Riding the Gateway today, as I was coming off the top of the unicycle after sliding through some mud, I realized that there is balance, and then there is position.
What I mean is that if you are successfully riding, then you are in balance. However, even if balanced, your body may not be in position to deal with sudden changes. Like mud. Or rocks. Or that whatever-it-is that's hiding in the grass on the trail that inevitably jumps up to block your tire. My issue at the beginning of the ride was that I was overly hunched at the waist, hips back, tentatively riding along fretting about the sand and mud. Of course, as soon as I hit some and had a little wheel slip, off I went.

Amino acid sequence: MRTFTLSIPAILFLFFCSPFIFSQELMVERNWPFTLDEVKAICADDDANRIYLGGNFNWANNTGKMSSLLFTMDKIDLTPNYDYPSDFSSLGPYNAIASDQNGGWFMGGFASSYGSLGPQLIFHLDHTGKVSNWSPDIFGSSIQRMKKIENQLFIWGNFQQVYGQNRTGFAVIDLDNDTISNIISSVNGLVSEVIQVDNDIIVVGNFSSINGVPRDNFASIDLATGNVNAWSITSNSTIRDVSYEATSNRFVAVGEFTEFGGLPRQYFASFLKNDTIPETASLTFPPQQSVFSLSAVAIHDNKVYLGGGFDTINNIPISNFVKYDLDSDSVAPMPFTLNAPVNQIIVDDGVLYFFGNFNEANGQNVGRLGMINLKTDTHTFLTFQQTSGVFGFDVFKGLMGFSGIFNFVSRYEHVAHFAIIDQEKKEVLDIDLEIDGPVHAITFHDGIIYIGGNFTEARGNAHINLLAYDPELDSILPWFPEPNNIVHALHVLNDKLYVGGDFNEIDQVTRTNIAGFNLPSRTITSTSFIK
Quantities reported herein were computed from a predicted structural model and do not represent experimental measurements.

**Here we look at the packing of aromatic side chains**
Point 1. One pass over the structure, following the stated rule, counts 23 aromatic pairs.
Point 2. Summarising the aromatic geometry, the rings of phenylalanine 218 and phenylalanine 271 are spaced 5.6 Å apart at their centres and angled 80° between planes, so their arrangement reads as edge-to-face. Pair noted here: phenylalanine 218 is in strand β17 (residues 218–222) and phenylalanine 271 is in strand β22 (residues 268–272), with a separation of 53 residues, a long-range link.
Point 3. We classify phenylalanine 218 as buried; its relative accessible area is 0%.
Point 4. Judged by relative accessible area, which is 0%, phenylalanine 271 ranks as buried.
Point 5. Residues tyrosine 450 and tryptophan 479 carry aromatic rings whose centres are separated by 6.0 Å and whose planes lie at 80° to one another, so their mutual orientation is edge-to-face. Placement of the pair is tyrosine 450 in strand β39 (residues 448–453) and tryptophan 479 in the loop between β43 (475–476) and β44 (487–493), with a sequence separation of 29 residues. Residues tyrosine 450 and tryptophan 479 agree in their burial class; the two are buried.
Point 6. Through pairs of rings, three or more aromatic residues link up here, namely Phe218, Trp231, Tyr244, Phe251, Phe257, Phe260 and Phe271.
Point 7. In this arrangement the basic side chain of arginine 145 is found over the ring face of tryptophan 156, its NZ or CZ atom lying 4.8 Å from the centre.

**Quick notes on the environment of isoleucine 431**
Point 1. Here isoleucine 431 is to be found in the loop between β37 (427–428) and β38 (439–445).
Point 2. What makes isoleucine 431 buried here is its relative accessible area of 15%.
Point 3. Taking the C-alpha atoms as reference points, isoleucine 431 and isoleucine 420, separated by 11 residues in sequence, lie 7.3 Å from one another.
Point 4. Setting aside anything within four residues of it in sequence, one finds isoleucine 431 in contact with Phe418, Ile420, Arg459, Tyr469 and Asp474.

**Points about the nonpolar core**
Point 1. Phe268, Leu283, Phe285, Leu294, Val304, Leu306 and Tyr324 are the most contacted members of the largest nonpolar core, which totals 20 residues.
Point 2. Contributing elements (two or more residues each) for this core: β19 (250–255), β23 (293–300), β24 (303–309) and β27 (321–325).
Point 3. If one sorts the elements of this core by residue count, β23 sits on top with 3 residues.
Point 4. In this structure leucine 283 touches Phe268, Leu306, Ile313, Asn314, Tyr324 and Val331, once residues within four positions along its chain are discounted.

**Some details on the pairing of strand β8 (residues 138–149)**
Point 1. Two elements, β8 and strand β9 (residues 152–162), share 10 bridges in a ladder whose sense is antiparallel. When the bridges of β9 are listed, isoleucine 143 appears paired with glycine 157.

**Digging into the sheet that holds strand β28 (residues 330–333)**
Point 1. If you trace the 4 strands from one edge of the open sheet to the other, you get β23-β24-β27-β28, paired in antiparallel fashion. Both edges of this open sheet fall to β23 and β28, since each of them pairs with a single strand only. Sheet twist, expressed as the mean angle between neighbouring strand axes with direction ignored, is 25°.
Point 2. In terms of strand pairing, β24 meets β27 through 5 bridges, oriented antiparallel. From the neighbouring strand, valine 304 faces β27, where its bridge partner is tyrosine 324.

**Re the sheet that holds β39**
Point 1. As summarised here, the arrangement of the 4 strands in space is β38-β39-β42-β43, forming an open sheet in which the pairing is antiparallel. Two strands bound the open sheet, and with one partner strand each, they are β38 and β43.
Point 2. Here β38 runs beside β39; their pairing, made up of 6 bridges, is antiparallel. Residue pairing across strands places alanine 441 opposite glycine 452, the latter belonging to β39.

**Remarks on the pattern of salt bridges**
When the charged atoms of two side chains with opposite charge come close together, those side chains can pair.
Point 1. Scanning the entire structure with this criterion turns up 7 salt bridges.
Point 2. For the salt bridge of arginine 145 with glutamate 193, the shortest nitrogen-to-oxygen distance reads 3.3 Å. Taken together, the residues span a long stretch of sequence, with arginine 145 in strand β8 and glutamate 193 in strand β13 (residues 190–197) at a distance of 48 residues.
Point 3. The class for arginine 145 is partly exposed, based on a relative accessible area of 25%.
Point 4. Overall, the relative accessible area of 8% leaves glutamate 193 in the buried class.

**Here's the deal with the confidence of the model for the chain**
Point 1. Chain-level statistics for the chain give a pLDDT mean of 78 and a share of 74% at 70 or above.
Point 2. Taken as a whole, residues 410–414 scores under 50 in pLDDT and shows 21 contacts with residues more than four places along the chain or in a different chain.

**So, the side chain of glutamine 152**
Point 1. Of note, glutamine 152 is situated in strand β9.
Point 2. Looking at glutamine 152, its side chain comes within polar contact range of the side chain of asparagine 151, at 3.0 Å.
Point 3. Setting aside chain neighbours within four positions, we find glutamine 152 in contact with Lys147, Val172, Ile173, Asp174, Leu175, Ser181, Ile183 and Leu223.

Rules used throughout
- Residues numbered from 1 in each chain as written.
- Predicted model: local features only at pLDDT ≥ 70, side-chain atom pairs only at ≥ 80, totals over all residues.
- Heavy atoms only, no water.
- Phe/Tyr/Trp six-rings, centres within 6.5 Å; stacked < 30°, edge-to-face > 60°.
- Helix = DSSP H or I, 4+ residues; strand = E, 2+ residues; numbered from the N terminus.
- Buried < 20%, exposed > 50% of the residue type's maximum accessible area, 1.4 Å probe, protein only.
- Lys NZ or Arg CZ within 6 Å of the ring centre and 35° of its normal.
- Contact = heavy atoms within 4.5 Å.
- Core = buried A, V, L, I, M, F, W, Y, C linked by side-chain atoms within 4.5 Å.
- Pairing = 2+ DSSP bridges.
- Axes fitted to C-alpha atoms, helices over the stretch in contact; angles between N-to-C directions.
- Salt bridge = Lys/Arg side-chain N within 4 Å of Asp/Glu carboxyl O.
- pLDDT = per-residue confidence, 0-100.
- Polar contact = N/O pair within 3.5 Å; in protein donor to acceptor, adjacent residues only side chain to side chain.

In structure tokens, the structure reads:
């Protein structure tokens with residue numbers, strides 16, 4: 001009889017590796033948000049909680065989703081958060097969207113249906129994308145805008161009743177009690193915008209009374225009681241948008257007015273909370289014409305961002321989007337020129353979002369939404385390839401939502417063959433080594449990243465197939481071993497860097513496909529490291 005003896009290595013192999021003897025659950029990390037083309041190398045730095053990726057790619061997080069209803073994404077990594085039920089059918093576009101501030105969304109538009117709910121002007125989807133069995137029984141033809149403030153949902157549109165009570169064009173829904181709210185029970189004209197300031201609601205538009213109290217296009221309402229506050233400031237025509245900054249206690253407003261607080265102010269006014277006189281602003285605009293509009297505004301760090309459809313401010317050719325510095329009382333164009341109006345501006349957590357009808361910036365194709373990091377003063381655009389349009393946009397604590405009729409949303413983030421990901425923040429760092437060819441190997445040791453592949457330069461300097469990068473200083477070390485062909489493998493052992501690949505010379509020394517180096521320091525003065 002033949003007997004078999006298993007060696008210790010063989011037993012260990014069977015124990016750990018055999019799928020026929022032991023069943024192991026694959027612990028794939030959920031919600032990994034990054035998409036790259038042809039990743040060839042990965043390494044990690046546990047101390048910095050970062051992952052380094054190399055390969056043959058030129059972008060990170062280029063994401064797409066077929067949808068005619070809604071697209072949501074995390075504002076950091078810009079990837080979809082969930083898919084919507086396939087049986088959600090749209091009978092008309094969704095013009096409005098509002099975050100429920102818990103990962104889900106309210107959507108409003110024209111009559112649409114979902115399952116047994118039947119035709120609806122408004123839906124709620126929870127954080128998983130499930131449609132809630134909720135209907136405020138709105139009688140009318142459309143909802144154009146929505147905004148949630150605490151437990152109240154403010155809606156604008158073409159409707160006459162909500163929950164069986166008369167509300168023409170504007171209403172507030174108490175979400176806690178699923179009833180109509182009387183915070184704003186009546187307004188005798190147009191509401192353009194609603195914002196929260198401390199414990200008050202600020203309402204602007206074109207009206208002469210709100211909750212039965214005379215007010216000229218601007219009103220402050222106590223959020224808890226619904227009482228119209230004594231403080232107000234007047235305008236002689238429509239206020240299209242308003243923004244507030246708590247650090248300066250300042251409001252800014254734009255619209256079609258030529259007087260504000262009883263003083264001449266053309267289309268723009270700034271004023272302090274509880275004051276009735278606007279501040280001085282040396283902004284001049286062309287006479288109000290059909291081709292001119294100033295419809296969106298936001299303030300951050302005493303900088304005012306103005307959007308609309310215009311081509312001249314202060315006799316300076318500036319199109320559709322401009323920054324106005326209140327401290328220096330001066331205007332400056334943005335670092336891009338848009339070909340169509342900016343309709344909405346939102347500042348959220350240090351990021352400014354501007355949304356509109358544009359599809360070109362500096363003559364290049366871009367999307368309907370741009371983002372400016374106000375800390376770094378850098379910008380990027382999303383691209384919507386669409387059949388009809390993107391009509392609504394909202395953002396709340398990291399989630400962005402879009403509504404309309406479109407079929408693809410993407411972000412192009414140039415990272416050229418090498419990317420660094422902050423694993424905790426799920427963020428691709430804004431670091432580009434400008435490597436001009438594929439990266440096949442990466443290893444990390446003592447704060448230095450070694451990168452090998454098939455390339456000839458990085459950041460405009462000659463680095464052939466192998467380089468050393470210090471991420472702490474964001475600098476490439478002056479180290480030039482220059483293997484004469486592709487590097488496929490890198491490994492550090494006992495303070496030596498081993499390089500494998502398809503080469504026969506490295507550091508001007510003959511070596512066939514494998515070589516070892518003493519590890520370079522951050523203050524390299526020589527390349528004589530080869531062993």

However, during the rest of the ride I concentrated on trying to keep my body in good position, which for me is like what my wife says about dancing...its like a string is extended through your head, down your back and through your center of gravity. I think that's what I'm really getting at when I write about getting my hips forward, shoulders back, torso loose. I'm getting everything lined up with that string. And why? Because I'm in better position to ride through the rocks and slippery bits and respond to sudden changes. It seemed to work although it was hardly a good experiment. It also helped, I think, that this position resulted in a more confident, even aggressive, riding style which meant better flow and momentum through the trail.
So for the next few rides I'm not only going to try to stay in balance, but also in position for the unexpected..